Gardner faced considerable challenges as an incoming President, in part because the UC was resource-starved and “had suffered grievously under Governors Reagan and Brown for sixteen years” (196).  Both of these governors were, in his mind, guilty of “fiscal neglect” (211), and their neglect had created a great deal of anxiety within the UC system.
Gardner recalled how during budget discussion at UC, “everyone seemed clearly committed to the university’s well-being, its mission, and its importance to the state, while expressing time and again a fear for the university’s immediate and prospective fiscal health.  The fear was well-founded, owing to the deteriorating base of UC’s funding from both state and federal sources, the reduced state of affairs for the university’s five medical centers, and low moral within the university as a whole, weary from fighting with California’s governors for sixteen years, eight with Ronald Reagan and eight with Jerry Brown” (151). 
Brown’s attack on public higher education today is deplorable, as is his tacit support for the privatization process that makes students pay nearly $15,000 per year to attend the institution that did not charge tuition when he was a student.  Brown might think he is calling out the UC Regents, but his actions are only playing into their hands as they push the privatization of the UC that their experience in the corporate world suggests should be run like a business rather than an institution of learning. 
When confronted about the rank hypocrisy of his destructive approach toward higher education, Brown responds with the kind of vapid homilies that have characterized his life of public disservice, and which have the commentariat snuffling, pathetically, at his feet.  “The pressure of not having enough money can force creativity that cannot even be considered”, Brown proclaimed.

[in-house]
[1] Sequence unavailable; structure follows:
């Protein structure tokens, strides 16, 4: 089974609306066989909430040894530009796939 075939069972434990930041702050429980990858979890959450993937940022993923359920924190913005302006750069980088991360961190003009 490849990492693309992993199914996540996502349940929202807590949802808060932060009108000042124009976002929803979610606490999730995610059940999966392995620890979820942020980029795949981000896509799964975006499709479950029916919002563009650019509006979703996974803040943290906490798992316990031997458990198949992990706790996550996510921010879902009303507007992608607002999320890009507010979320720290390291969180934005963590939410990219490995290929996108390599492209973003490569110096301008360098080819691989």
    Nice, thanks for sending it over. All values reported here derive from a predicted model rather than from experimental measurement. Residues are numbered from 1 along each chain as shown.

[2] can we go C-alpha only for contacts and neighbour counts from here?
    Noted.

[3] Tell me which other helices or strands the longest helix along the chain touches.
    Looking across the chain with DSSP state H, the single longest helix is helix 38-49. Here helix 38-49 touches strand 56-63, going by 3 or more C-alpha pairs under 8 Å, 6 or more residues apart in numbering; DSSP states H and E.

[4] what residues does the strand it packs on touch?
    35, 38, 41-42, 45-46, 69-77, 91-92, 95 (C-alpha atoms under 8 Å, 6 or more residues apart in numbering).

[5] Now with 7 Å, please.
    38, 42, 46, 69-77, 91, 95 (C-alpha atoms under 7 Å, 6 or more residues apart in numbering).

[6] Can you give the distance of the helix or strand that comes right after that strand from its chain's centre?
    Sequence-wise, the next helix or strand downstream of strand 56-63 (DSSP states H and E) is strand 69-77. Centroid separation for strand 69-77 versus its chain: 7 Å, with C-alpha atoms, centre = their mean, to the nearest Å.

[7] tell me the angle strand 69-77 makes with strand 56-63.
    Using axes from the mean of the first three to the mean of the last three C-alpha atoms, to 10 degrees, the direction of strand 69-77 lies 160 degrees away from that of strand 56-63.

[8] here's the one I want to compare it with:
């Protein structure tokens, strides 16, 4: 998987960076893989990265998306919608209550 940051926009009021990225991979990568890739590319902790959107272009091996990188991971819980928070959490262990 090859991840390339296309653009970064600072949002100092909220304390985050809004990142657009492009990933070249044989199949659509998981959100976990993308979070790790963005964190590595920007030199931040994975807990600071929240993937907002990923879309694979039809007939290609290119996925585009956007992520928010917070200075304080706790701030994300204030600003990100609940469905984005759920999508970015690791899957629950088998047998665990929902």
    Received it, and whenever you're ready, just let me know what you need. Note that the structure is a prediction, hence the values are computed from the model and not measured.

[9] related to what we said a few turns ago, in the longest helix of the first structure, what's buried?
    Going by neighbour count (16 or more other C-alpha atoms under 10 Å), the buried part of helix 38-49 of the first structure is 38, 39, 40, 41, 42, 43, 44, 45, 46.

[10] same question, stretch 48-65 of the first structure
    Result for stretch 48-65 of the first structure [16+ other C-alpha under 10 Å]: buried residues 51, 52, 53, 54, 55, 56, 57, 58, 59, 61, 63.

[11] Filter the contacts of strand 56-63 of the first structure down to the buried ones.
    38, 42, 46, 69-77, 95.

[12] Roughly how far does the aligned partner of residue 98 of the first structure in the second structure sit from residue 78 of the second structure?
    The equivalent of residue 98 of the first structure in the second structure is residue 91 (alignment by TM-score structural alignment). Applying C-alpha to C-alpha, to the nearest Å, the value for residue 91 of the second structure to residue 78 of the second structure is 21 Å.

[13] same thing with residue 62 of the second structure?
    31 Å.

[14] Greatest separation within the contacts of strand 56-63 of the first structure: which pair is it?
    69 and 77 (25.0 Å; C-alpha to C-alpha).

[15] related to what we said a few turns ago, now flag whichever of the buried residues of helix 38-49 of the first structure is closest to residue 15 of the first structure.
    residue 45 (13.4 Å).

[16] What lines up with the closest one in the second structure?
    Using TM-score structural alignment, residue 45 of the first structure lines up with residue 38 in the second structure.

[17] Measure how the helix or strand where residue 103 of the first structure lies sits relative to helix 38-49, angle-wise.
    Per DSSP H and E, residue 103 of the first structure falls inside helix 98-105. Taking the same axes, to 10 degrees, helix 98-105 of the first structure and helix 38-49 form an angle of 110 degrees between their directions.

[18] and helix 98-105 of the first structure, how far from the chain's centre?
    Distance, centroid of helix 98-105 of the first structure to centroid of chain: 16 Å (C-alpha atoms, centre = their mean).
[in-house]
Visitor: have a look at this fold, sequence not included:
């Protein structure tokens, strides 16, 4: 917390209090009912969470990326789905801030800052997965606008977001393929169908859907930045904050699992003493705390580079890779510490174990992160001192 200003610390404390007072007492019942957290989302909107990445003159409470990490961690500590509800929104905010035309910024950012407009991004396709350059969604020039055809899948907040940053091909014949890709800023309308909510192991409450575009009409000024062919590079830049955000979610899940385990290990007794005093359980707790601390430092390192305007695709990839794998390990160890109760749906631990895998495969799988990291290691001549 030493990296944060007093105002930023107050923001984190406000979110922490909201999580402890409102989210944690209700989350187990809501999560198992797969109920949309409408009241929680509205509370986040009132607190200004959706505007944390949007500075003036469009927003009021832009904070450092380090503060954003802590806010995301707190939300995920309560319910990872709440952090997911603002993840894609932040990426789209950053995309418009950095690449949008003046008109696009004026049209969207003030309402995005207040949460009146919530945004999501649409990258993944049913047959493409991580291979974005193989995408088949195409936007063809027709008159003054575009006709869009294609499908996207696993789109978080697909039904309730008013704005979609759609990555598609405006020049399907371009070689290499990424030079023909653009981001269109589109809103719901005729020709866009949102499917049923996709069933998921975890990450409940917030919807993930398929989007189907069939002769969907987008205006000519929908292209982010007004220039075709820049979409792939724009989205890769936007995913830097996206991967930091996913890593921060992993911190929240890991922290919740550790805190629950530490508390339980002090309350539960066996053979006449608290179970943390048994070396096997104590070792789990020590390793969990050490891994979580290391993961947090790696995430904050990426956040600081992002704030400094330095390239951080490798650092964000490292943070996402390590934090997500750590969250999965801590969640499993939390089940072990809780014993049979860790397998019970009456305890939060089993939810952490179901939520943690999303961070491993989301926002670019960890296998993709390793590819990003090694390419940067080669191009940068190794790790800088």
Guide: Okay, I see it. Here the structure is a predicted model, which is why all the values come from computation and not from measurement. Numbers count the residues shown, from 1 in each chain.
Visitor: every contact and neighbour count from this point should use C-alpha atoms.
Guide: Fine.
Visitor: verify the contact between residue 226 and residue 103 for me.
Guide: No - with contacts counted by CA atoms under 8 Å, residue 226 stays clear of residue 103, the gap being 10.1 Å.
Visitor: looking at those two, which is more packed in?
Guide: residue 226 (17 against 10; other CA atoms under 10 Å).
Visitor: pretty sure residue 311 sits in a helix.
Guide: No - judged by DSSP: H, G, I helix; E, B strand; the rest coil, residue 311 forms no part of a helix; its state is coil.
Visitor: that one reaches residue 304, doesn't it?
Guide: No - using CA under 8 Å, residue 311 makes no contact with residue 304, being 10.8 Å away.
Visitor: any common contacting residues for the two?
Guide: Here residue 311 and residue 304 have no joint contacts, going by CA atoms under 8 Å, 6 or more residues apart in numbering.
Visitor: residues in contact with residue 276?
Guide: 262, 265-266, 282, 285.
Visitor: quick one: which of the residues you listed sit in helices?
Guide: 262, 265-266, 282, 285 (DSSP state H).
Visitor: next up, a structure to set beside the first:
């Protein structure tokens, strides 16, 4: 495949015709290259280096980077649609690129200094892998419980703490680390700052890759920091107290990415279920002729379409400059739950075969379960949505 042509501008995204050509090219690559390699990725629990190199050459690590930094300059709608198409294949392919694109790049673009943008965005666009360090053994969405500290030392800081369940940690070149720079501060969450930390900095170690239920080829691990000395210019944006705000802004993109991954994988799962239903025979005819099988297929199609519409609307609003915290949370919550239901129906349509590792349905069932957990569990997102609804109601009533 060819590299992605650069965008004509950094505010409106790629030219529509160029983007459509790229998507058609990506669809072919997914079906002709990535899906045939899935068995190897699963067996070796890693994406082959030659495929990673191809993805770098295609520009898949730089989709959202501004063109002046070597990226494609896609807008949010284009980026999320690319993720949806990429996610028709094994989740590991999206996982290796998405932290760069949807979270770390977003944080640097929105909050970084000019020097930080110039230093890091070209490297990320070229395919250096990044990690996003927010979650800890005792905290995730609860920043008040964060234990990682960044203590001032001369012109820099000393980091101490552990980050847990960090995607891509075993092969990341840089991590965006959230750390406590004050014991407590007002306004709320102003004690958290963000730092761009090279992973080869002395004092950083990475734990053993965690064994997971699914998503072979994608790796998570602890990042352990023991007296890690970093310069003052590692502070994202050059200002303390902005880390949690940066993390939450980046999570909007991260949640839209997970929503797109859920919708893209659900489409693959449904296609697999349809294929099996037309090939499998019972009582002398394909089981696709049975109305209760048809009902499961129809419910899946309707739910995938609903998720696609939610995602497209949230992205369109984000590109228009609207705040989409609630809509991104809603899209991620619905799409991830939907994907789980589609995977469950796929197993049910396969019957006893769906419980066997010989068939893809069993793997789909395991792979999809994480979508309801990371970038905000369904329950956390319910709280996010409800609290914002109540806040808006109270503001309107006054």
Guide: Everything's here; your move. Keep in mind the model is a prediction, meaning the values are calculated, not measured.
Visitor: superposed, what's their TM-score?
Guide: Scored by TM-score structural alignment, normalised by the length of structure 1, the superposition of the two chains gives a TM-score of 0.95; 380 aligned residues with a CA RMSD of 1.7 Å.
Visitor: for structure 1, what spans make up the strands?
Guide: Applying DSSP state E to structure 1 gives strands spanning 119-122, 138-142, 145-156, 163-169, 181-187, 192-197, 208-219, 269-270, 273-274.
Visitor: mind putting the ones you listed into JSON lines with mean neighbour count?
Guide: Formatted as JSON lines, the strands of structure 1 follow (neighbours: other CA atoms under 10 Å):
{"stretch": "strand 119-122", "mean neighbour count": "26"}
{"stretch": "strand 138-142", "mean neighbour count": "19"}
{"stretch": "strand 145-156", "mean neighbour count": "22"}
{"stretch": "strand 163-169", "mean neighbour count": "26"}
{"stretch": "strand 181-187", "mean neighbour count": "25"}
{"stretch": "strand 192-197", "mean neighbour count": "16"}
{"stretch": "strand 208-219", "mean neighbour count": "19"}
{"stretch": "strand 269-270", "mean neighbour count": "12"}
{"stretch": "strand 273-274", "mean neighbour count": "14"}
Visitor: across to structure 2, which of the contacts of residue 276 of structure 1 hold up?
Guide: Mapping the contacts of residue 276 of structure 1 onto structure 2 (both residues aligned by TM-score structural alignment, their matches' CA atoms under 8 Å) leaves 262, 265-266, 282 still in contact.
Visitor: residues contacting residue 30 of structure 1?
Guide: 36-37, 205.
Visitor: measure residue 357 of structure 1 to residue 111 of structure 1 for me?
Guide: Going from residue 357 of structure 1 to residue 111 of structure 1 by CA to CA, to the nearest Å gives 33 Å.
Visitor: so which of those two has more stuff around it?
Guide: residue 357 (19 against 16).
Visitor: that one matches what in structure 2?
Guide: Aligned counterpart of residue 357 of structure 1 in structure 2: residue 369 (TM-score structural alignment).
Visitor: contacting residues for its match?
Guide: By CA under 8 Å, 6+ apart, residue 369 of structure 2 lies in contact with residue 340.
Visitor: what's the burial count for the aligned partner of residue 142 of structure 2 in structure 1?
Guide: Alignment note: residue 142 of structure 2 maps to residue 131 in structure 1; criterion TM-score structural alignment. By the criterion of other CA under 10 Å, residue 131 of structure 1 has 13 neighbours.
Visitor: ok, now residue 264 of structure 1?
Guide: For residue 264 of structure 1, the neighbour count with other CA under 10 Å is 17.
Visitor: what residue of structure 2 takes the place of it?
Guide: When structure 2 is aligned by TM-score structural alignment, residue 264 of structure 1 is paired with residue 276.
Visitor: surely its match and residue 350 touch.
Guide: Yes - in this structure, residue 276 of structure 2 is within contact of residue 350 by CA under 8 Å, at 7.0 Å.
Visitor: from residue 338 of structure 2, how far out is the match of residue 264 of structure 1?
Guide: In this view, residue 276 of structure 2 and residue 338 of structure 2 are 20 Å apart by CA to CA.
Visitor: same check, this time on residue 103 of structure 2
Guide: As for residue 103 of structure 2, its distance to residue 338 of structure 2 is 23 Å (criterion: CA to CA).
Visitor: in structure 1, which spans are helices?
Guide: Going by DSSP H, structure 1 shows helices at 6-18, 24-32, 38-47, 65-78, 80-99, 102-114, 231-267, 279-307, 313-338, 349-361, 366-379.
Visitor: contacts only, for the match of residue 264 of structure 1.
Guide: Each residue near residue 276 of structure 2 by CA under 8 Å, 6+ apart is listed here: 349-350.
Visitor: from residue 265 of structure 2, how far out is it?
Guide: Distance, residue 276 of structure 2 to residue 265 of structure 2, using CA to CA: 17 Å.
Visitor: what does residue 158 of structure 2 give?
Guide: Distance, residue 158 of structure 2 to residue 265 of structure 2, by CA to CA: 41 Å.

The Christian Science Monitor reported on Brown’s suggested “cost-cutting measures…upping dramatically the use of online courses, concentrating specialty courses at specialty campuses, and giving college credit for work experience”, all things designed to make UC less of a system and more of a work-house, deaf to the needs of the state community it serves, and obliging the sociopathic interests in our state which believe they have no responsibility to fund public services.
Doing his job and funding the state’s institutions apparently has not occurred to Brown…that sort of creativity and public service is evidently far beyond the realm of consideration.
Some have sought to explain Brown’s forty-year crusade against a strong public sphere in psychological terms, as a rebellion against the transformative legacy of his father who, as Governor, built much of the state’s social and physical infrastructure. 

You could arguably explain his particular hostility toward UC in a similar light.  Perhaps the man who fancies himself an intellectual seems fearful of the institution capable of calling him out on the shallowness of his thought, the paucity of his imagination, the cheap phrases he constructs to mask his embrace of right-wing sociopathy and the self-interest that have defined not only his own years in the spotlight, but also the culture that his actions over four decades have helped to create in California.

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David Pierpoint Gardner, Earning My Degree: Memoirs of an American University President (Berkeley: University of California Press, 2005).